Now I reached a limit, learning to play Für Elise. The left hand has to play the low E (finger 5), go to 1 octave higher E (finger 1), and then, according to the fingering recommended in my book should go to an another 1 octave higher E (finger 2). Here I have difficulties to find that last E and need to watch where my hand is – and BANG - I find the E correctly but never find back to the sheet, although reading sheets never was a problem to me


I've played a long time, but not with extraordinary proficiency. I'm pretty tied to the sheet music, and I find I do have to peek occasionally, especially for leaps. And, yah, when I peek, sometimes I lose my place in the music. That's embarrassing.

If you know that you HAVE to look down at the music, you could use a crutch like put a highlighter mark where you need to resume. It's not necessarily like a test in school. It's good to try to learn to do hard stuff, but, speaking from experience, if you need the notational help after trying to work it out without it, why not add a helper?

To the best of your ability, you'll want to learn to feel your way around the keyboard. I know, it seems like E.S.P. It still does to me.

That 5-1-2 is one way to do it. But one of the things you'll end up needing to learn to feel is the feel of an octave. If you get the feel of that, then one way to work your way up the octave would be 5-1... then move your 5 up to the 1 while it is depressed (possibly with pedal help) and then, if you can feel the octave, you might be able to hit the 1.

Huge caveat here: 1) I'm not a teacher and 2) I'm not able to immediately recall the passage you have in mind... just giving you sort of an alternative based on what you've described and what my left hand feels it might want to do based on that. (Suggested score fingerings are generally quite awesome.)
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Whizbang
amateur ragtime pianist

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#1994851 - 12/05/12 03:23 AM Re: moving eyes from sheet to hand and back to sheet [Re: Marco M]
Marco M Offline
Full Member

Registered: 08/28/12
Posts: 451
Loc: Europe
Having received as a child a strict education to not write and mark in my school books (books still have had to be past on to next family members), it obviously is time to here change habbits now. I will do some copies from the piece and mark the measures to which my eyes have to find back. Still can´t overcome myself to really do it in the book itself, hahaha!

The PianoWorld Forums are just great! First it helped me to find my piano and get me become interested in much more topics around the piano than I would have known that they exist, and now lurking more and more in the ABF section is very(!) fruitful as well!! Thanks again, to everyone.

The only thing missing is that my boss should double my sallery and shorten my working hours, so that I finally can also hire a good teacher. Yes, I know that unfortunatley you can´t help me with this.
_________________________
learning Piano on my Roland HP-505
before playing Drums in adults bluesband on handpicked set; before crashing E-Guitar in kids garage band; raised on home entertainment Organ and Keyboard models Eminent Solina P240, Farfisa Maharani 259R, Technics KN800, and on Mouth Organ, Recorder and Accordion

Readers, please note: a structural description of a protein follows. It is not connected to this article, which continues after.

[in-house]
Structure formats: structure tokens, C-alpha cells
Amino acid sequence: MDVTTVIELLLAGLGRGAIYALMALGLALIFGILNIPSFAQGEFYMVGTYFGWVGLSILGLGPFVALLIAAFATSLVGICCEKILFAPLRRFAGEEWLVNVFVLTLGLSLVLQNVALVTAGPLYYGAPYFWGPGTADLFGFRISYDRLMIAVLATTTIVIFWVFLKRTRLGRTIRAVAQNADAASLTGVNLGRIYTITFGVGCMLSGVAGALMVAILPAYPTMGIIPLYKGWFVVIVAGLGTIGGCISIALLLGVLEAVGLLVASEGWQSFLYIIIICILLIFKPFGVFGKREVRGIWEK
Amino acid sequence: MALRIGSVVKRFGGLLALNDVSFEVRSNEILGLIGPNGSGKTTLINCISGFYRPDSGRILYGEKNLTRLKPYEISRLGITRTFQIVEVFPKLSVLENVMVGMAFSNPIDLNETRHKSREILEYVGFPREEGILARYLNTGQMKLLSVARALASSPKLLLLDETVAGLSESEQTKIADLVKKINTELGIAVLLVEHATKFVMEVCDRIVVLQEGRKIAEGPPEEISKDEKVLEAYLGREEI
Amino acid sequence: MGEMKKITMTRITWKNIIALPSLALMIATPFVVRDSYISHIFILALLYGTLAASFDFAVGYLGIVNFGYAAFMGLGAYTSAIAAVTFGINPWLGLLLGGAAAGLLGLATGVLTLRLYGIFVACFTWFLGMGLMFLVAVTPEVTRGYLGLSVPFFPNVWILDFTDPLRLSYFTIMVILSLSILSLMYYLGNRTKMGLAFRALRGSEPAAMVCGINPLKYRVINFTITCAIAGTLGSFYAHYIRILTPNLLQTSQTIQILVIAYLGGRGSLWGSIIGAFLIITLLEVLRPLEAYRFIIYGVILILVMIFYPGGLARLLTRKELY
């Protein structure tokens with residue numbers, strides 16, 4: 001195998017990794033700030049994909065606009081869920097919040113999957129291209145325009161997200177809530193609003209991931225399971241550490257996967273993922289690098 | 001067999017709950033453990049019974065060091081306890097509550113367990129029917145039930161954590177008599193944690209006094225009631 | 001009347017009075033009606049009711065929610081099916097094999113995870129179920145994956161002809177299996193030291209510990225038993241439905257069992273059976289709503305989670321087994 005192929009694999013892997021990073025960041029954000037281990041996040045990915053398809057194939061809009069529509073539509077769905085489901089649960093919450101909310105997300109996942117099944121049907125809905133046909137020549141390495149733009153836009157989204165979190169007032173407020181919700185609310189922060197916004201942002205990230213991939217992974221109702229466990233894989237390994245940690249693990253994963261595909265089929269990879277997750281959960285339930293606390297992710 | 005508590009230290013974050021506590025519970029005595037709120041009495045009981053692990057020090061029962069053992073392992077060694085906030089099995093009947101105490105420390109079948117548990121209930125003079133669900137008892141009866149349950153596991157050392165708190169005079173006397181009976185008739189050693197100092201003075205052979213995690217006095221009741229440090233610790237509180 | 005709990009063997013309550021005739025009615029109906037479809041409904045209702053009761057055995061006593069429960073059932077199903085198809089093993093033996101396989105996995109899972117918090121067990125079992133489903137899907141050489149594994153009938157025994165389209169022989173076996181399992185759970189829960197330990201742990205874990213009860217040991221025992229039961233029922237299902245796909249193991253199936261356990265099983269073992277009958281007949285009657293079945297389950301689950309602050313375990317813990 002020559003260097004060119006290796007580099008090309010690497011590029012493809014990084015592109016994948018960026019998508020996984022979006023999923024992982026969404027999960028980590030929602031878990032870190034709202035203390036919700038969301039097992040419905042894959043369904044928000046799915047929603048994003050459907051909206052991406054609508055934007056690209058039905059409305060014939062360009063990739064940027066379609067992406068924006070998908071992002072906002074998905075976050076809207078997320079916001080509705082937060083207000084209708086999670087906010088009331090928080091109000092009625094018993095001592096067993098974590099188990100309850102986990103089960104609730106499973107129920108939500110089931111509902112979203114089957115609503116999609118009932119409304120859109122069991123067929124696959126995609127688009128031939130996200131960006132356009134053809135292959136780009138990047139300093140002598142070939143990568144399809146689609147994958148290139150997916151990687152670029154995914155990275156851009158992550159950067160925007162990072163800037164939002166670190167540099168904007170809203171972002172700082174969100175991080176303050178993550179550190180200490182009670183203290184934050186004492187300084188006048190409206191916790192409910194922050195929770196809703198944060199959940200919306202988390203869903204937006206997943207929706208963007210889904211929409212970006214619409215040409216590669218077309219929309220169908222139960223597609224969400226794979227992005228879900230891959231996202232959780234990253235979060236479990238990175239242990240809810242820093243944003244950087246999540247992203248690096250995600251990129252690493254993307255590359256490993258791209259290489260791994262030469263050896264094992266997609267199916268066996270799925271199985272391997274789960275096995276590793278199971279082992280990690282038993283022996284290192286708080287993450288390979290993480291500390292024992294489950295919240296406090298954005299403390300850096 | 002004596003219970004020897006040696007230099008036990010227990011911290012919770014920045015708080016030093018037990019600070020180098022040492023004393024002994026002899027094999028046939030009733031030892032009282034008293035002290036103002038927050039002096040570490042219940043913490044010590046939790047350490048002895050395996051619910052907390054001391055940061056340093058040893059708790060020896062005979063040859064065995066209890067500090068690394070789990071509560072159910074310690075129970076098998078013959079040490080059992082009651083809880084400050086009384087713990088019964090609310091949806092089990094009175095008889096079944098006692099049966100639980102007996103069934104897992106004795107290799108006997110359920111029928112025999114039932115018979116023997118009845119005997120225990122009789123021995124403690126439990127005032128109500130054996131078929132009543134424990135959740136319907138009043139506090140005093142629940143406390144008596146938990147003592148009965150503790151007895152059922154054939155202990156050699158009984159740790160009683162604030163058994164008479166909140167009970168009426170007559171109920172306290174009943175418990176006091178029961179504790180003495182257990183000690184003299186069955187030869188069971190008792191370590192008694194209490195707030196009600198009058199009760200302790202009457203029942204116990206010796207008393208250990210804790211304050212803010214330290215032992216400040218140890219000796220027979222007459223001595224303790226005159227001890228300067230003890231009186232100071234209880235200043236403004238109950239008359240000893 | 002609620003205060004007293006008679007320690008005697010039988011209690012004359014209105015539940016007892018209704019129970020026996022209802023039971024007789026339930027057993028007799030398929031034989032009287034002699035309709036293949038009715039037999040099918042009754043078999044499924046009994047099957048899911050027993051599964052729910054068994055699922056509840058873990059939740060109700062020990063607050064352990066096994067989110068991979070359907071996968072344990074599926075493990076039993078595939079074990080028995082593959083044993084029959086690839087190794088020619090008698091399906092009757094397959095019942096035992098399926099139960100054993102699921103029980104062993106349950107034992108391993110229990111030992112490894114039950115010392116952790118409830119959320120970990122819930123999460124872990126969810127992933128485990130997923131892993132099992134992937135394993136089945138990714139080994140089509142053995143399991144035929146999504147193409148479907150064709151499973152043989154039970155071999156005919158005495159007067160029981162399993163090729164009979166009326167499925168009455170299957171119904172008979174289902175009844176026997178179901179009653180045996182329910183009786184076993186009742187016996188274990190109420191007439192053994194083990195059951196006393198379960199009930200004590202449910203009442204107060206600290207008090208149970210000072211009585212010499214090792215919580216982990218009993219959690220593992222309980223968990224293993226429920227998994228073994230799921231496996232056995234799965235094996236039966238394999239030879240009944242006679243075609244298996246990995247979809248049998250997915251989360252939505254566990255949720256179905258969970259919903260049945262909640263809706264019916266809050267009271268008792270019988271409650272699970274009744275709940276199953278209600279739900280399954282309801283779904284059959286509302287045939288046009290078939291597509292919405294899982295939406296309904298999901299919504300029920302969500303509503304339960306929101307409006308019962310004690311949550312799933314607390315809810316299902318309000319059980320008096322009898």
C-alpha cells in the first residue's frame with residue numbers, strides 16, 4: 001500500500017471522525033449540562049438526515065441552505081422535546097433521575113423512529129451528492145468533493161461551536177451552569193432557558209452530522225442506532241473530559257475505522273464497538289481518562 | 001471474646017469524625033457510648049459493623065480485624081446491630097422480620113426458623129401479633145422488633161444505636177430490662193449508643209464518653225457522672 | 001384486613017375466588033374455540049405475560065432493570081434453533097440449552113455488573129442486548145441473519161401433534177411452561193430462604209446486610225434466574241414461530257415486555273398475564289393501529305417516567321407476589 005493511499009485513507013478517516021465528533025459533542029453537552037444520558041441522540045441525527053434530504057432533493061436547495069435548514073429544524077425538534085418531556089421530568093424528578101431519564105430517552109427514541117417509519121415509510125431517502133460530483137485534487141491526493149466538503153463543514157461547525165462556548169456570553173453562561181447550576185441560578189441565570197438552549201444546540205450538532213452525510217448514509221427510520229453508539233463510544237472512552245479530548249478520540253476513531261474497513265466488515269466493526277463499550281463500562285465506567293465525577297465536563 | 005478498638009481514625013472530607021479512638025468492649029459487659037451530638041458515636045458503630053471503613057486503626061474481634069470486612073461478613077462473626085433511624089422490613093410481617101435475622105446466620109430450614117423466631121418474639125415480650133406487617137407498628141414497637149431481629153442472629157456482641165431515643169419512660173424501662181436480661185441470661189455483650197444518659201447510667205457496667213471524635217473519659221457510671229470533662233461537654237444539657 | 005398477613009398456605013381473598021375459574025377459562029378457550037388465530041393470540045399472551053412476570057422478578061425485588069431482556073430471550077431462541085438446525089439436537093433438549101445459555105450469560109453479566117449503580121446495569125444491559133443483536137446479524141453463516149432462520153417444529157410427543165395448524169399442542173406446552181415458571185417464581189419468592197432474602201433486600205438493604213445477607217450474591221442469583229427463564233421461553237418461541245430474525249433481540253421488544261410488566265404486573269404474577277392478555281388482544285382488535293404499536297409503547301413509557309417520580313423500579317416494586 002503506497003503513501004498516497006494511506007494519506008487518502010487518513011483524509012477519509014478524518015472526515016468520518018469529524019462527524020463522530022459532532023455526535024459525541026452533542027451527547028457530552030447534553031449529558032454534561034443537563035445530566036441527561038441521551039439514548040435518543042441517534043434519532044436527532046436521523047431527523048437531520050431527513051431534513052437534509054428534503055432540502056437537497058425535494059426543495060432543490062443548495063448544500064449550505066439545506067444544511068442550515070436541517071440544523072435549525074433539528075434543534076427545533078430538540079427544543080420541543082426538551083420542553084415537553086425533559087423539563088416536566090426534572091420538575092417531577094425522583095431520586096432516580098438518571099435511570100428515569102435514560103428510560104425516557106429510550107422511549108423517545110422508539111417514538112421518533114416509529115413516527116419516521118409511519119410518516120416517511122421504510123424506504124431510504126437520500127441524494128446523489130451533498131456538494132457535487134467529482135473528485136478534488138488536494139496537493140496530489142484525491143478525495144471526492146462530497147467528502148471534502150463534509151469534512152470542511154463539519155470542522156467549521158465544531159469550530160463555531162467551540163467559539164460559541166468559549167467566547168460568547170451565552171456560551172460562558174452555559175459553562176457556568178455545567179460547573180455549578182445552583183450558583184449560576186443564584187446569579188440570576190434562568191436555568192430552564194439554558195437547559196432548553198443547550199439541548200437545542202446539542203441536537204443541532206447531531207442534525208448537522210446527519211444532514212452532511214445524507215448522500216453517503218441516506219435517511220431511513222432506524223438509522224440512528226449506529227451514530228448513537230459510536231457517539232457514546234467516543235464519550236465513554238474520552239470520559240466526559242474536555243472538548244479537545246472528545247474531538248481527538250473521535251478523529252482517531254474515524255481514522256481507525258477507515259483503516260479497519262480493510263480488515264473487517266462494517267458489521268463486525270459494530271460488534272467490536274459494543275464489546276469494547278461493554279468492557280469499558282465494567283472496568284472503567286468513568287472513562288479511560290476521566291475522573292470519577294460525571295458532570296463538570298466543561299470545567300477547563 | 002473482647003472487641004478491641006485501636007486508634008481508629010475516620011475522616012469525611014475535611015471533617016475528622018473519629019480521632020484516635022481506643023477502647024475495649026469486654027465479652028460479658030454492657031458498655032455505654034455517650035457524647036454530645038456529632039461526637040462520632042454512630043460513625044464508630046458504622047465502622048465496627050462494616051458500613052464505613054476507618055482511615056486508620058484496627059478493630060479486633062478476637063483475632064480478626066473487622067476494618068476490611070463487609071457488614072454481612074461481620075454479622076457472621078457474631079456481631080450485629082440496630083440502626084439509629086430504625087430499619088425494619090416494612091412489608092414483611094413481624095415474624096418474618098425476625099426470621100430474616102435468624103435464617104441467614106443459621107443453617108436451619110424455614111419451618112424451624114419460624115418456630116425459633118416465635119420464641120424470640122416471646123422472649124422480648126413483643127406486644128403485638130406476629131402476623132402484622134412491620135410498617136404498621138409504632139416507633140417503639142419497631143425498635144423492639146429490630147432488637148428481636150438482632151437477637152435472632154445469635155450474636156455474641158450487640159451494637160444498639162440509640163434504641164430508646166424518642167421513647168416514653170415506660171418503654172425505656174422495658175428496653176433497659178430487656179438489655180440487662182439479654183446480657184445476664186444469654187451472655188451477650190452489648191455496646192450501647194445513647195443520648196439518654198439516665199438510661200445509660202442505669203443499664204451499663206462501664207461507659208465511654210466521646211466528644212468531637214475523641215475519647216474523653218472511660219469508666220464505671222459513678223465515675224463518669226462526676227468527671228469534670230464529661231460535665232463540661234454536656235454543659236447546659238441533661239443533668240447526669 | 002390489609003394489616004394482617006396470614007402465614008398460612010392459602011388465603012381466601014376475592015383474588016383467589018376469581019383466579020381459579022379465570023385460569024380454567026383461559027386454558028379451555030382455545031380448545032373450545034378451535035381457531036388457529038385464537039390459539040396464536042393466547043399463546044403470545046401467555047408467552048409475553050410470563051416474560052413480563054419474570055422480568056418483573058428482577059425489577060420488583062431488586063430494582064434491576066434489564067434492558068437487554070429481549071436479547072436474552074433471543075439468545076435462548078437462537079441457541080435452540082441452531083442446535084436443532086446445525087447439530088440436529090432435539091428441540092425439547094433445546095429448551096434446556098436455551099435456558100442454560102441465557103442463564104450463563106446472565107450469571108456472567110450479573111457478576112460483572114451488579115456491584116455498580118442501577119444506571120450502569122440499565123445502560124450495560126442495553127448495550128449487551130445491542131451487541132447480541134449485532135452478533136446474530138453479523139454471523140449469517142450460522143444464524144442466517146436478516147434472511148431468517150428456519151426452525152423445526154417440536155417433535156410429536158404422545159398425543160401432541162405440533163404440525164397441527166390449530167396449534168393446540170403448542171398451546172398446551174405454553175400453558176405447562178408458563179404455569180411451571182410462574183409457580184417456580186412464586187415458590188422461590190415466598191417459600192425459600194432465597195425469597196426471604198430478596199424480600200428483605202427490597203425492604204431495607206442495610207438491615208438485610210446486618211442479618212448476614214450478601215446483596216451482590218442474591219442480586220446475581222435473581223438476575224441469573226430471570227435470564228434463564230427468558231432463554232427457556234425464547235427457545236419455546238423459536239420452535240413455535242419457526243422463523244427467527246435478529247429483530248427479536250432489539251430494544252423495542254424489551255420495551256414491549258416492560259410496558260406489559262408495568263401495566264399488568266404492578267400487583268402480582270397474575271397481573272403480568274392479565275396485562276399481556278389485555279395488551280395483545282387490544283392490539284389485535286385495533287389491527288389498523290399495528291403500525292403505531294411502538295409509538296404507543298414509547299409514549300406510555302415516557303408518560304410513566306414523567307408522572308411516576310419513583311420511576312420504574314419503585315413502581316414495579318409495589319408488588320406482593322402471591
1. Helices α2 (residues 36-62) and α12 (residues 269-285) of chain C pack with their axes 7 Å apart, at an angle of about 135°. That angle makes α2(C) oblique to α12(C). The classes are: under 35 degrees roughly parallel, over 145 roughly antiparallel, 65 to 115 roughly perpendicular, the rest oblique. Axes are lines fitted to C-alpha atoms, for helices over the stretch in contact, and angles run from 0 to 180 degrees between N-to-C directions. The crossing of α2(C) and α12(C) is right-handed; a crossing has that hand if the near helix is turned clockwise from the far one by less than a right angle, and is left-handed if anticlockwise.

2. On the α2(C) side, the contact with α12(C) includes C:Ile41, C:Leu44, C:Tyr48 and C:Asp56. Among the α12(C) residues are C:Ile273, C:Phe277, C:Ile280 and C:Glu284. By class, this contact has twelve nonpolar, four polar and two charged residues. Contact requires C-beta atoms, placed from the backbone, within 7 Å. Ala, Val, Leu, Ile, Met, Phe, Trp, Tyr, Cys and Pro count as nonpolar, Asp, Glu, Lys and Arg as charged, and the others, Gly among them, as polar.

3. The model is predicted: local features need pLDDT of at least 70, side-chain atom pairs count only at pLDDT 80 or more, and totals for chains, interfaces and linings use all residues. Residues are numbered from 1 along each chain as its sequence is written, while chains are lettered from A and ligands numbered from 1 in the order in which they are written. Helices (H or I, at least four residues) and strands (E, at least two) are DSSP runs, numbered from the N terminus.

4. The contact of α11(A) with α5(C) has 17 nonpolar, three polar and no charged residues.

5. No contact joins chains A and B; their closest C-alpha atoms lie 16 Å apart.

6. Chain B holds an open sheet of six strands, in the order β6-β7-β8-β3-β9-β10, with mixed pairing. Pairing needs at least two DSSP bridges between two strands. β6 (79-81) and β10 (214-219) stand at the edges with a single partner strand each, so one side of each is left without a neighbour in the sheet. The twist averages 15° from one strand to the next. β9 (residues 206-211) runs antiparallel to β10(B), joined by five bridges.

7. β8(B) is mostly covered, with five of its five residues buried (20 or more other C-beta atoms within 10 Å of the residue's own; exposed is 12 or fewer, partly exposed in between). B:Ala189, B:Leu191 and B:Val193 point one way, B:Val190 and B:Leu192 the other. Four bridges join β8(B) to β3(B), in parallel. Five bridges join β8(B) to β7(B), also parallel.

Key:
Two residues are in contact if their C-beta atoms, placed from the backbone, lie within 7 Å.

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#1995175 - 12/05/12 07:01 PM Re: moving eyes from sheet to hand and back to sheet [Re: Marco M]
4evrBeginR Offline
1000 Post Club Member

Registered: 06/27/09
Posts: 1607
Loc: California
Yeah growing up in public school meant I'm also very relunctant to mark up books, always a shared resource. Recently, my teacher asked me to white-out all the legato marks and write in new ones for a piece because she didn't agree with any of them from the book editor. I still found it hard to do it, and ended up making a photocopy of the music then making the changes on the copy. smile

If there are only one or two places where you know you have to look at your hands then go back to the music, one or two big fat arrows certainly works. If you end up putting half a dozen arrows, I think, hate to say, it's probably better to go back to plan A and memorize.
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Art is never finished, only abandoned. - da Vinci

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#1995254 - 12/05/12 11:35 PM Re: moving eyes from sheet to hand and back to sheet [Re: Marco M]
Stubbie Offline
Full Member

Registered: 12/16/10
Posts: 371
Loc: Midwest USA
You don't have to actually mark your book. Take a Post-It note (or something similar) and cut off a triangle or circle-whatever shape and size you choose--from the sticky band on the upper part of the Post-It sheet. Stick the triangle or circle on the page at the desired place. Easy to remove when no longer needed and no permanent marking of your book.
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Wherever you go, there you are.


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#1995324 - 12/06/12 06:56 AM Re: moving eyes from sheet to hand and back to sheet [Re: Marco M]
Marco M Offline
Full Member

Registered: 08/28/12
Posts: 451
Loc: Europe
The marking in the book or on the copy isn´t a real problem, I obviously fall too much into soliloquy here wink . I put my marks already, and yes, it helps a lot!
Thanks to everybody shaking me up to abandon old habbits and force myself to become more open. This will for sure also have its positive effect on other parts of my practice habbits.
_________________________
learning Piano on my Roland HP-505
before playing Drums in adults bluesband on handpicked set; before crashing E-Guitar in kids garage band; raised on home entertainment Organ and Keyboard models Eminent Solina P240, Farfisa Maharani 259R, Technics KN800, and on Mouth Organ, Recorder and Accordion

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#1995350 - 12/06/12 08:30 AM Re: moving eyes from sheet to hand and back to sheet [Re: Marco M]
Jeff Clef Offline
4000 Post Club Member

Registered: 10/05/08
Posts: 4414
Loc: San Jose, CA
"...Anybody having the same problem? Any suggestions about the best method to train the switch between watching the sheet and watching the hands?"